In the course “Advanced Empirical Finance” we repeatedly ask: (How) can state-of-the art methods improve financial decision-making?

While the lecture covers all relevant theoretical aspects and is based on very recent academic papers, you should spend most of your effort on this course on actually doing empirical work! Get your computer ready to work on real problems for financial applications and discuss your code with your peers to acquire the necessary skills to make a difference either in the Finance industry or academia. ## Things to get done before the first lecture {.unnumbered}

To dive right into it, there are a couple of prerequisites you should get done before the first lecture:

  • Install R and RStudio. To get a walk-through of the installation for every major operating system, follow the steps outlined in this summary. The whole process should be done in few clicks. If you wonder about the difference: R is an open-source language and environment for statistical computing and graphics, free to download and use. While R runs the computations, RStudio is an integrated development environment that provides an interface by adding many convenient features and tools. We suggest to do all the coding in RStudio.
  • Open RStudio and install the tidyverse. Not sure how it works? You find helpful information on how to install packages in this brief summary. The tidyverse is “a framework for managing data that aims at making the cleaning and preparing steps much easier”. We are going to work almost exclusively with tidyverse packages.
  • Check if everything works: Open Rstudio and type library(tidyverse). You should then get a message like in the picture below. Works? Done with the software setup!

If you are new to R, we recommend to start with the following sources:

  • A very gentle and good introduction into the workings of R can be found here. Once you are done with setting up R on your machine, try to follow the “weighted dice project”.
  • The main book on the tidyverse is available online and for free: R for Data Science by Hadley Wickham and Garrett Grolemund explains the majority of the tools we use in this book.

What is R?

In this course we work with R. Together with Python, R is nowadays the de facto standard tool in finance and is unparalleled when it comes to handle data science applications.

But so far I learned to code with Python, Ox, Matlab, …

Excellent if you have prior knowledge in another coding language. Your start with R will be way easier. Also, as a Python user you can actually run your Python code in R (and vice versa) - so if you have already written some analysis for a prior project, no need to translate everything! If you are interested to do this at some point in time, check out this resource (we will provide a brief TA session on cross-platform operability later in the course).

I have no experience whatsoever with programming

Great, you nevertheless make the bar for the course requirements. We will start entirely from scratch (but with a really steep learning curve). Besides the applications in Finance, we will focus on state-of-the-art data science concepts that cover the entire life cycle of a successful empirical analysis. No matter if we consider a research project, a thesis, seminar paper or a thorough portfolio back testing procedure at an investment bank: the challenges are always similar. The figure below illustrates the components we will talk about: How do we get R connected to our datasets? How can we clean the data such that our analysis makes sense? How to visualize or change variables in order to estimate parameters or make financial decisions? And, finally, how can we communicate our results such that we are sure that our analysis is reliable, correct and flexible enough to quickly find out what happens if we have to change some input parameters.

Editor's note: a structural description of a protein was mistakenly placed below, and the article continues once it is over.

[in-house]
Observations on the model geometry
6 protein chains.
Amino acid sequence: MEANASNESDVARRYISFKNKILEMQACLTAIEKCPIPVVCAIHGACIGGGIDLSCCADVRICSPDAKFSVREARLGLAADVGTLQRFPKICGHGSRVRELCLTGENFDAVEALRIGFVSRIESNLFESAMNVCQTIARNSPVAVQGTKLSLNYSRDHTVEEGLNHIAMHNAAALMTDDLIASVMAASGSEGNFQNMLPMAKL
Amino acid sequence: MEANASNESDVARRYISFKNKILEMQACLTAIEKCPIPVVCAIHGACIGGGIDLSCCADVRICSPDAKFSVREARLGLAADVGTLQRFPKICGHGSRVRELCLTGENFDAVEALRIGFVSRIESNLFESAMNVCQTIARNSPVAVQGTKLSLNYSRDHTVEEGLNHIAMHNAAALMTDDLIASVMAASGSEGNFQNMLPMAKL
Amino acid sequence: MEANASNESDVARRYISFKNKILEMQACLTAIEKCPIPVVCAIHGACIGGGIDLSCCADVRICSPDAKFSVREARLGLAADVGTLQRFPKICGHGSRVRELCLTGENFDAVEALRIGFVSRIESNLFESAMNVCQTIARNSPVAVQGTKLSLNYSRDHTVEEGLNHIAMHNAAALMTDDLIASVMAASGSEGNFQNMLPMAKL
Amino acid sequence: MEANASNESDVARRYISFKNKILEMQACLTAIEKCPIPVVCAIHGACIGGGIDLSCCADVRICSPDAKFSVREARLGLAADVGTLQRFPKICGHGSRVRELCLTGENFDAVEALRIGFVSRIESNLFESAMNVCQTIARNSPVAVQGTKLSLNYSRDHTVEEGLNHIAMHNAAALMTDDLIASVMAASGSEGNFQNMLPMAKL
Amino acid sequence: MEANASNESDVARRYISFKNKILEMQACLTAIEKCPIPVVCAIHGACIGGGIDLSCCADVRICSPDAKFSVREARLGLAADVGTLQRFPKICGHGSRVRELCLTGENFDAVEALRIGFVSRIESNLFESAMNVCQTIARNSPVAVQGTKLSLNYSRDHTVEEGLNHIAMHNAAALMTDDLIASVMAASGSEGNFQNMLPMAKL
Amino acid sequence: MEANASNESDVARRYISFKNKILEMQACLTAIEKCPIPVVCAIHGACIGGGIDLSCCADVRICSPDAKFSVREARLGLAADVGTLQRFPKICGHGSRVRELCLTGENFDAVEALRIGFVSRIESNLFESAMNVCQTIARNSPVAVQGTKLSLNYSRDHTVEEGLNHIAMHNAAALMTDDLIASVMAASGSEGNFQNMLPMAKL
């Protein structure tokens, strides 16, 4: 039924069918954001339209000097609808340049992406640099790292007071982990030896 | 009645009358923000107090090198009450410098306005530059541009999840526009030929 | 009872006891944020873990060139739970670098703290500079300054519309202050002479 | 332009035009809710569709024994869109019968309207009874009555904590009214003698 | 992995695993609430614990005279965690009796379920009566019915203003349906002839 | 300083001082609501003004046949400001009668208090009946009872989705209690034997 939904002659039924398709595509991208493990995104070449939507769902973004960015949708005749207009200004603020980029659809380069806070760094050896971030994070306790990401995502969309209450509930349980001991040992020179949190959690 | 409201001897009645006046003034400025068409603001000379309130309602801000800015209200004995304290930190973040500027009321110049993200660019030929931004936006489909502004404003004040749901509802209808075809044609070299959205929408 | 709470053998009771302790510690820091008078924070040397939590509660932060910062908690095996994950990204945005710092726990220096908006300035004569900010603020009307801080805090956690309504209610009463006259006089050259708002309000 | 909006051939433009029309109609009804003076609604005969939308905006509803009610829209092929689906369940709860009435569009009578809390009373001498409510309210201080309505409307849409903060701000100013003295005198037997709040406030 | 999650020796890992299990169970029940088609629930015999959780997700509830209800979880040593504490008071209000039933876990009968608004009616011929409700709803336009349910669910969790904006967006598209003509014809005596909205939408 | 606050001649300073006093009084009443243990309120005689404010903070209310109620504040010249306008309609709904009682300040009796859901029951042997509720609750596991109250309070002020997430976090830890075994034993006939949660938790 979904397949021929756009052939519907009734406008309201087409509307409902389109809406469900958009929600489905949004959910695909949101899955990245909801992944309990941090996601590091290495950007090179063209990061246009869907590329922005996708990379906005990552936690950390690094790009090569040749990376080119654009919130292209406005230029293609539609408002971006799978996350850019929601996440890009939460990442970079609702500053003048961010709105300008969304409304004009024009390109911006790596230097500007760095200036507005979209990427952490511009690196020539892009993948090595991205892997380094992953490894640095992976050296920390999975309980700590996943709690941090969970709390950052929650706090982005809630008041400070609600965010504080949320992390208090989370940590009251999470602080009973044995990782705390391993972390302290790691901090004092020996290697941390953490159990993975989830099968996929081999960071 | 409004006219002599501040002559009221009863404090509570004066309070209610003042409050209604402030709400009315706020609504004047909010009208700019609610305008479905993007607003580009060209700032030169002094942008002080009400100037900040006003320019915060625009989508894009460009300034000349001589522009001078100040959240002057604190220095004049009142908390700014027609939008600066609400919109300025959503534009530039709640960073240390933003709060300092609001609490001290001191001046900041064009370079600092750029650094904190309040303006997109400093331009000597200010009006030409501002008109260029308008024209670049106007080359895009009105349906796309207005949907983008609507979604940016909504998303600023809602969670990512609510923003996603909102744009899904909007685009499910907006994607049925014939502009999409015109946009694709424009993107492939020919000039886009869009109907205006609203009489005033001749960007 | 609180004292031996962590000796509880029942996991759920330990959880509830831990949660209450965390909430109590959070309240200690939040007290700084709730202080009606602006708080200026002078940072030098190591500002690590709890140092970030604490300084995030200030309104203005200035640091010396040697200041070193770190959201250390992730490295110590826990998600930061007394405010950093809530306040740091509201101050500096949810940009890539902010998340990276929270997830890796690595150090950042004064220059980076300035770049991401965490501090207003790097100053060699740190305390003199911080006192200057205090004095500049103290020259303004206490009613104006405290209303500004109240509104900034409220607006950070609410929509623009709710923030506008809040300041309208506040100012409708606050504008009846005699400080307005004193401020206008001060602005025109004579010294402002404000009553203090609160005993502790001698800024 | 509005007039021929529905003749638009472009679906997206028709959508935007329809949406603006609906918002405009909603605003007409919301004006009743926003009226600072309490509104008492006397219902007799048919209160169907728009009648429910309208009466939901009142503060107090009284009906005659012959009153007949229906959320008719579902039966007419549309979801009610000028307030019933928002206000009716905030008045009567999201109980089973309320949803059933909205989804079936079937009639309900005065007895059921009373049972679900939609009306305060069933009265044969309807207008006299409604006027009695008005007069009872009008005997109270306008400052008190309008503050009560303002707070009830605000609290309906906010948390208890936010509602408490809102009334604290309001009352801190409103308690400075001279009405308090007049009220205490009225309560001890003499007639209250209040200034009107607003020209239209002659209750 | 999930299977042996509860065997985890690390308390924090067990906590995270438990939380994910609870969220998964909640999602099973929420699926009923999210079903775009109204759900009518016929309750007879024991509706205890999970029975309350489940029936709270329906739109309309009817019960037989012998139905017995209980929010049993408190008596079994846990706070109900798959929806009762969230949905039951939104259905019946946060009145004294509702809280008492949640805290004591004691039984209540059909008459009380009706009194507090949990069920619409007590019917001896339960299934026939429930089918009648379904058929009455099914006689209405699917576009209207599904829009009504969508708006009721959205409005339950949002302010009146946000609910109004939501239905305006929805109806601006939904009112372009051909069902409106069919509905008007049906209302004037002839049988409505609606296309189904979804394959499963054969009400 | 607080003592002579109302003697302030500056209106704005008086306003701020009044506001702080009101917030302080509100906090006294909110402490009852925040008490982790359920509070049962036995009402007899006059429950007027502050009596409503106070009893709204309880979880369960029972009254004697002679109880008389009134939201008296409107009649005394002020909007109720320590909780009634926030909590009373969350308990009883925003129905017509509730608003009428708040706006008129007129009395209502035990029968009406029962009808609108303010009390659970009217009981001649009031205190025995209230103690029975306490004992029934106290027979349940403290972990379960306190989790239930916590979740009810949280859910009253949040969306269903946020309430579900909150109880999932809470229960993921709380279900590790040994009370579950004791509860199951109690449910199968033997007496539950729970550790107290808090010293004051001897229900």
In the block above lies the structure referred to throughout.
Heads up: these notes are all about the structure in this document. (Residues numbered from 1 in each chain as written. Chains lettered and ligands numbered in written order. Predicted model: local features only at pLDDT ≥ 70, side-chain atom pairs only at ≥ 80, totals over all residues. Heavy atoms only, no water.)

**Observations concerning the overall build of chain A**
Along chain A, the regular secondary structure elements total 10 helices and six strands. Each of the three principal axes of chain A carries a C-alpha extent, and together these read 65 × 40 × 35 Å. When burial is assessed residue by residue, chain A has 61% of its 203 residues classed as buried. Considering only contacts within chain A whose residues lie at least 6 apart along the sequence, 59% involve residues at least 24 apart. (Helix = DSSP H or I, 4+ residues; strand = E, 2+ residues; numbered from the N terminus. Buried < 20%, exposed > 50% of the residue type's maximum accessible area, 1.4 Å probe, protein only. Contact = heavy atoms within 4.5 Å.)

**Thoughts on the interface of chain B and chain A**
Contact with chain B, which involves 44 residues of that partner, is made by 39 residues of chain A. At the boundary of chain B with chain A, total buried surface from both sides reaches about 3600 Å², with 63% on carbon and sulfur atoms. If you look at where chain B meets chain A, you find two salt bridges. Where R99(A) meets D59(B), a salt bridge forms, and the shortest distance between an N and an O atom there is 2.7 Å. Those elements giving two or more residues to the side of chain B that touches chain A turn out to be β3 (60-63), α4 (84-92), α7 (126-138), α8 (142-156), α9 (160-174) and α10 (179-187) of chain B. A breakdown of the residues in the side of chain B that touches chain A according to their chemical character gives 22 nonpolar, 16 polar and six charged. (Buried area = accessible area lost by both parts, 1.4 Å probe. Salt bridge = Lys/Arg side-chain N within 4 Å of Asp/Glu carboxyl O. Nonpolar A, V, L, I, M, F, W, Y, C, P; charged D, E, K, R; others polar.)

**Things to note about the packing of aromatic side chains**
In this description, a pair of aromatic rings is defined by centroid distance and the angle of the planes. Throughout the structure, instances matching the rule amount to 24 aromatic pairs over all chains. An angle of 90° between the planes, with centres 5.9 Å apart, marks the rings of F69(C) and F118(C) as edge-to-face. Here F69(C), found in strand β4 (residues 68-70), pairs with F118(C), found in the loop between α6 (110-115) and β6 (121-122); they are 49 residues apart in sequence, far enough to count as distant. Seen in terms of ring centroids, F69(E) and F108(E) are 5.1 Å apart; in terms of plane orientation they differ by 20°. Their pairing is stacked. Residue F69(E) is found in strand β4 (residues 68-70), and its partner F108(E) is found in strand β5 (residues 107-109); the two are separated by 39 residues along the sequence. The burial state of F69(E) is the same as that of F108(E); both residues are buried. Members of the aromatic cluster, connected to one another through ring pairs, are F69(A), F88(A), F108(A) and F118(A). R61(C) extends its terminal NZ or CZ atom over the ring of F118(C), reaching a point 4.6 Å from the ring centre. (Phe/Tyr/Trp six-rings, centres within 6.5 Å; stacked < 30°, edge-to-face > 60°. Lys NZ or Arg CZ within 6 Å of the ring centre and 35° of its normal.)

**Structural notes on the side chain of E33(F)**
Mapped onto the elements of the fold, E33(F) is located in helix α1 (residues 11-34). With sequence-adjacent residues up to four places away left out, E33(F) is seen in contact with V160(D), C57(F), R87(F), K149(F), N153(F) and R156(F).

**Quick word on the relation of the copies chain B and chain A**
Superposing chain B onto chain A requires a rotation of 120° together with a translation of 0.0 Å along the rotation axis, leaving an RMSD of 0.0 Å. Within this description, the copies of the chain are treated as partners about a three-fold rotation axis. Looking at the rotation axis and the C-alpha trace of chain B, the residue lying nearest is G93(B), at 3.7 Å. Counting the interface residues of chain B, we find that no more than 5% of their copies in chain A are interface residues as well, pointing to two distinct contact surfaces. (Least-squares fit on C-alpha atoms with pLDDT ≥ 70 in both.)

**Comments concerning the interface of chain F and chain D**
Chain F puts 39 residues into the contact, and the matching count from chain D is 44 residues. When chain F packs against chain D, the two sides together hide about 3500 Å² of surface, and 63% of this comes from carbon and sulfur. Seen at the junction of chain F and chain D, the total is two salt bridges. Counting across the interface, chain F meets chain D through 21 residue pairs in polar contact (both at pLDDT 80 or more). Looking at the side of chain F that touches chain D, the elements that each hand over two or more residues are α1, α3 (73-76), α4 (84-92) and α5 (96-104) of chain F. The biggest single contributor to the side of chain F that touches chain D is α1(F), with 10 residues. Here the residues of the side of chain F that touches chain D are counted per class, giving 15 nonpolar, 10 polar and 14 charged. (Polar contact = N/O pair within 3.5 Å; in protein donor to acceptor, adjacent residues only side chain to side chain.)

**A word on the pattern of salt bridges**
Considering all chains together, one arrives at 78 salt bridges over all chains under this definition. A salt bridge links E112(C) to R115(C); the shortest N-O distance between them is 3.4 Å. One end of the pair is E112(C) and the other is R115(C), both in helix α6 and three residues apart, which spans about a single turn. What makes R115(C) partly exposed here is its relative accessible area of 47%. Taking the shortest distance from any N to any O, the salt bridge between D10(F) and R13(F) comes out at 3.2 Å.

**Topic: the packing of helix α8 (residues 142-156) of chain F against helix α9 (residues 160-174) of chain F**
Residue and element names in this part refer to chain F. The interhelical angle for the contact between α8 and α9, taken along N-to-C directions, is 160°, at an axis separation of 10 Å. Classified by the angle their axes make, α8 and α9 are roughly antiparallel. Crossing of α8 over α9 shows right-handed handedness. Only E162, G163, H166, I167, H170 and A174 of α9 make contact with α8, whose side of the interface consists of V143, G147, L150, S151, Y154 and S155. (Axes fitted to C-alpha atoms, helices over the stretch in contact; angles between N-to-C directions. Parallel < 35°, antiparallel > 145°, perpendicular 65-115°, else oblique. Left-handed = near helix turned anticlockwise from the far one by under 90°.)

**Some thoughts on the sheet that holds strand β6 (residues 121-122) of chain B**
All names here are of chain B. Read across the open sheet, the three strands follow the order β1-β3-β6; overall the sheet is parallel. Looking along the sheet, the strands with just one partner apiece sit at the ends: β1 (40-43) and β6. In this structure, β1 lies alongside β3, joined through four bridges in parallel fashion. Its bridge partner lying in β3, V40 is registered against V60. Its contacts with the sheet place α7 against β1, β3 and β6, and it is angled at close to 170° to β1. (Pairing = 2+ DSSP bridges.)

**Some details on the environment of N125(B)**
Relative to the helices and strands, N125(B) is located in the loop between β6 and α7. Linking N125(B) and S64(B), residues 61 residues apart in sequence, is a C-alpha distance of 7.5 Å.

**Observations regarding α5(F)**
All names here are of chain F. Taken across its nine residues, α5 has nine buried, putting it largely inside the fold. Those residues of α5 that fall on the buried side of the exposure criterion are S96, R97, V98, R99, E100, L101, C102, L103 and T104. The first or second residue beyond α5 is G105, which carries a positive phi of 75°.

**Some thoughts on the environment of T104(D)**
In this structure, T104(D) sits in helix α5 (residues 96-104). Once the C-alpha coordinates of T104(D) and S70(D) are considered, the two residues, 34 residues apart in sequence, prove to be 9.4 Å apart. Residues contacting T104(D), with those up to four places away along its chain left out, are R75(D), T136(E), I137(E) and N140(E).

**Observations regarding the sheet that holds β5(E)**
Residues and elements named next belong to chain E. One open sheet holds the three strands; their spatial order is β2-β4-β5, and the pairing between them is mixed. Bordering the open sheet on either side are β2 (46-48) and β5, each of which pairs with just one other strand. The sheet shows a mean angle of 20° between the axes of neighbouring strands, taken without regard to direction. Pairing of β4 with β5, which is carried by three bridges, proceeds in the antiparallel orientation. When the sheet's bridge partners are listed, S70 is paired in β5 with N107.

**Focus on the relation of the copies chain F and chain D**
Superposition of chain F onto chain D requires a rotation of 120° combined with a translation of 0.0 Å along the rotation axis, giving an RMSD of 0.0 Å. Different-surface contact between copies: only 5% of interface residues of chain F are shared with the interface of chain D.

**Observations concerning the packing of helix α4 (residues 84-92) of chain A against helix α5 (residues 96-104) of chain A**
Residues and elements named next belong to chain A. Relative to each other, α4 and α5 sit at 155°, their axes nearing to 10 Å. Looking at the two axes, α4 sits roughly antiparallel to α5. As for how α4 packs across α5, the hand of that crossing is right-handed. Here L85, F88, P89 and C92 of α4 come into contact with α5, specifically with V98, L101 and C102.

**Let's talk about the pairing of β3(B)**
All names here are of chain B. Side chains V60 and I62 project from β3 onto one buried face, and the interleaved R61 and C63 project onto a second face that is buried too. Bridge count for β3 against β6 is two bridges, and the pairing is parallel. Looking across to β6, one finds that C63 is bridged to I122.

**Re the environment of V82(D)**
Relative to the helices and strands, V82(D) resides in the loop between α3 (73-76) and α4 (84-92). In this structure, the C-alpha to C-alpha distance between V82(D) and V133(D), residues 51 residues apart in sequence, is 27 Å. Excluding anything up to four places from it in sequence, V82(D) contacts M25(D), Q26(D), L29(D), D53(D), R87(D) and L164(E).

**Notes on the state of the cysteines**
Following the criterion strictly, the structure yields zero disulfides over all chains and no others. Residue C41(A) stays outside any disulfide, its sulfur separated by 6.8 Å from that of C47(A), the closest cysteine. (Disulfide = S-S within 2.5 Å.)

This sounds like a lot of work on the data science front. How do I get started?

There are a couple of ways for you to get started, below a list with relevant material and suggestions.

  1. As a member of this course you have free access to all online tutorials of DataCamp which provides excellent browser-based tutorials on the basics of R, the tidyverse and a lot of applications in Finance. In order to enjoy the benefits of completely free access, sign up to our own course site using this link (careful: registration is only possible with an econ.ku.dk mail domain)
  2. Only way to learn how to code is by getting your hands dirty. Make sure your system is ready to go by completing all technical requirements.
  3. A very gentle and good introduction into the workings of R can be found here. Once you are done with setting up R on your machine, try to follow the “weighted dice project”.
  4. The main book of this course is available online and for free: R for Data Science by Hadley Wickham and Garrett Grolemund explains everything we need. Throughout the course we will cover almost the entire content of the book. I advise you to read the first 3 Chapters for a gentle dive into the material before the lectures starts.

Help, I am stuck! Where do I get help?

To struggle in the beginning is absolutely fine, and you are not alone. Indeed, there are around 40 other students in the course that have similar questions. Make use of this community!

  1. You can always post questions in the Discussion forum. The TA’s, your colleagues and I will try to help you out.
  2. You do not have to do all the work on your own. Search for a coding buddy to discuss your problems in teams (for the assignments you can hand-in in groups of up to 3 students!).
  3. If you still feel like you are stuck (which is fine and can happen) reach out directly in class or during the office hour!